NBC renews ''Will & Grace'' for another season. But will it be the last? All four stars get raises, though NBC is cutting the license fee it pays for the show

The characters on Will & Grace are a lot like those of Friends or Seinfeld: a group of New York pals who’ve spent their Thursday nights on NBC exploring every possible avenue of shallowness and self-absorption. Well, maybe not every avenue; NBC and the show’s producers apparently feel that there are still 24 episodes worth of new story ideas. According to the Hollywood Reporter, after a long negotiation over cast salaries and license fees, the network has renewed the show for an eighth and probably final season.

According to the Reporter, all four stars are getting raises, with leads Eric McCormack and Debra Messing getting $600,000 per episode (up from $400,000 this season), and supporters Sean Hayes and Megan Mullally getting a raise to the same level, marking the first time that they’ve earned the same as McCormack and Messing.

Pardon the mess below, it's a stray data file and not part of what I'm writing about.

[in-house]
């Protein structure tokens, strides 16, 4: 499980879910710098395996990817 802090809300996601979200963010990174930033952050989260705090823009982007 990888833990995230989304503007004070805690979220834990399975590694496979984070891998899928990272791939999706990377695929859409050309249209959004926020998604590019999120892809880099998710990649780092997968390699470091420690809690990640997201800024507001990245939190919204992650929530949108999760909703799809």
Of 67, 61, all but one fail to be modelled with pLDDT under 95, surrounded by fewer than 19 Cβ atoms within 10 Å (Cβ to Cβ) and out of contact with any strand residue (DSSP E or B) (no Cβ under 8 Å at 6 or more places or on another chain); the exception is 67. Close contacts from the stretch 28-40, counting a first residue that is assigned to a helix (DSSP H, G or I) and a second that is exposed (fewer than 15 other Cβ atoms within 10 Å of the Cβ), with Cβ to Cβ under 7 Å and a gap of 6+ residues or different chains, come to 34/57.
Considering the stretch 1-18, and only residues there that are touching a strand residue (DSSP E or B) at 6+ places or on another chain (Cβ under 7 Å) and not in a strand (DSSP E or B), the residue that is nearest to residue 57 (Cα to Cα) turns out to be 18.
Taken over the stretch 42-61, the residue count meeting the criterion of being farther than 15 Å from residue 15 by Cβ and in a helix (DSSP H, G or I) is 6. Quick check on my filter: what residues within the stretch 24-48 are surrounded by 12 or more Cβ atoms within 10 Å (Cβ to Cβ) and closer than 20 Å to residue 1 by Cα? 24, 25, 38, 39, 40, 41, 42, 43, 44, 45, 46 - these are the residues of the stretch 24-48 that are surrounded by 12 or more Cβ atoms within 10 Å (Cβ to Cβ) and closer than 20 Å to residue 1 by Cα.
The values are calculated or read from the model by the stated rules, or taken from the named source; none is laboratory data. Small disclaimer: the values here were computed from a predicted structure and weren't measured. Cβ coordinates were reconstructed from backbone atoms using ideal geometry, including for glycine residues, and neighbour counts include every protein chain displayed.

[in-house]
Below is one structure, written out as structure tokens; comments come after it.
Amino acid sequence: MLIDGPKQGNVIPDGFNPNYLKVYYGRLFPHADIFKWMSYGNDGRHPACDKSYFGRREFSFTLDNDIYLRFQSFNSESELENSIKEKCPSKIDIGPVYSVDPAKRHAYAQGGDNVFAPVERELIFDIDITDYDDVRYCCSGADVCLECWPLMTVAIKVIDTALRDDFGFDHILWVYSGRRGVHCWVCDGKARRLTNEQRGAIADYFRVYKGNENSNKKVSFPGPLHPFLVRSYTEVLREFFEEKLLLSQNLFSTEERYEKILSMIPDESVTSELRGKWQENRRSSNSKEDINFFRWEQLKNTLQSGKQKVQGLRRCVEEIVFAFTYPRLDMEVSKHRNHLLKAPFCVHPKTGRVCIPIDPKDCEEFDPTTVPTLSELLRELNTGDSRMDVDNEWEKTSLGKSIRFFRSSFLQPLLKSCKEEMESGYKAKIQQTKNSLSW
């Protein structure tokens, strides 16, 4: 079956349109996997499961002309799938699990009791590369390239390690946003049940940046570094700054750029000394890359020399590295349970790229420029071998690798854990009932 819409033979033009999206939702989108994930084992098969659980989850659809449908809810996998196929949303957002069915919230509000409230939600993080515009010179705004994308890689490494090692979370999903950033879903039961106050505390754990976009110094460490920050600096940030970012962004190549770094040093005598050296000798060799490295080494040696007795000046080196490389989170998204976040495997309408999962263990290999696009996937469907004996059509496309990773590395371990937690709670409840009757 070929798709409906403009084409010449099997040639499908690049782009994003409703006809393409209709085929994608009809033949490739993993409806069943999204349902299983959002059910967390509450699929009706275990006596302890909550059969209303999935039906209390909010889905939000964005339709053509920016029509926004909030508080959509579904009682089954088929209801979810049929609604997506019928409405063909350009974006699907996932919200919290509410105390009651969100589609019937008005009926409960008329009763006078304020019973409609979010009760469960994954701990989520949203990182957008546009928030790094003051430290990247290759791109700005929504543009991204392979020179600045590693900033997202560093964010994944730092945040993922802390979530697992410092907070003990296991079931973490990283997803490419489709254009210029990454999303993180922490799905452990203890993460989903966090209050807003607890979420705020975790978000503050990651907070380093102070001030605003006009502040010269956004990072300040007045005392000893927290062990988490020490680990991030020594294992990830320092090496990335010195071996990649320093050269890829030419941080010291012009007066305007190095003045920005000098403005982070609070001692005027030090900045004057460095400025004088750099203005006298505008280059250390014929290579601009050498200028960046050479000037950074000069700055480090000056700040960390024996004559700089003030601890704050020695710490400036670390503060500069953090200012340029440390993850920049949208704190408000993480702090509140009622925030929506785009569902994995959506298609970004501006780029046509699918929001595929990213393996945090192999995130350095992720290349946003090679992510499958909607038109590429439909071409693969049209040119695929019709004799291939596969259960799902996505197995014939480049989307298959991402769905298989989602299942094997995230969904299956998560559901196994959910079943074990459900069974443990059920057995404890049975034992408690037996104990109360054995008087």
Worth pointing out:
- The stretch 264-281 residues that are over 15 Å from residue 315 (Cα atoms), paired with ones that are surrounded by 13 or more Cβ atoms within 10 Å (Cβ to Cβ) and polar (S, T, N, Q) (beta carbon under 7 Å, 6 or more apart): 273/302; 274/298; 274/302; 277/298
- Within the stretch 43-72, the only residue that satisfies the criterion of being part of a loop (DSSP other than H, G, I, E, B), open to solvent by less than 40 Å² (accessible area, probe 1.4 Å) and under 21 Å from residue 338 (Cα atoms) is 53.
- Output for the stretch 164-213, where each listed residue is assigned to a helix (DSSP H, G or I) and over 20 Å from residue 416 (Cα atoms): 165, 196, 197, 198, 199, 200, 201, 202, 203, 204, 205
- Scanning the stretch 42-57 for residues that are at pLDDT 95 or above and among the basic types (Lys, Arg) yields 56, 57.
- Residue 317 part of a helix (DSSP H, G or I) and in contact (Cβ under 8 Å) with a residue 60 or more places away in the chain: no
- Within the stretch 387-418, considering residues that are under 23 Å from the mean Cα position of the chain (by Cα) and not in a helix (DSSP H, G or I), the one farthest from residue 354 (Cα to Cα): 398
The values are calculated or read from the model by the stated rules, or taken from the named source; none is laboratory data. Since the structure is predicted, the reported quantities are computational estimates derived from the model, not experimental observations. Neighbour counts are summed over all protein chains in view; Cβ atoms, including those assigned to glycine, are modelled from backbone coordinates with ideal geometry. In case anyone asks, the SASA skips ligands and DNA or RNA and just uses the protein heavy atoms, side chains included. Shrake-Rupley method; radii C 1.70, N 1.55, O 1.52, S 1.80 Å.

The pay hikes come even as NBC has cut the license fee it pays to production company (and corporate sibling) NBC Universal TV Studio from $5 million per episode to $4 million. It’s no wonder that the network, badly in need of hits, is tightening the purse strings on the aging show, but NBC Universal probably doesn’t mind too much eating that $24 million, since the series will more than make it back when the eighth season is sold into syndication, where the show’s reruns have been lucrative hits. Besides, even with its declining ratings, Will & Grace remains one of NBC’s few comedy hits and a cornerstone of the network’s all-important Thursday night.

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Will & Grace
Will and Grace
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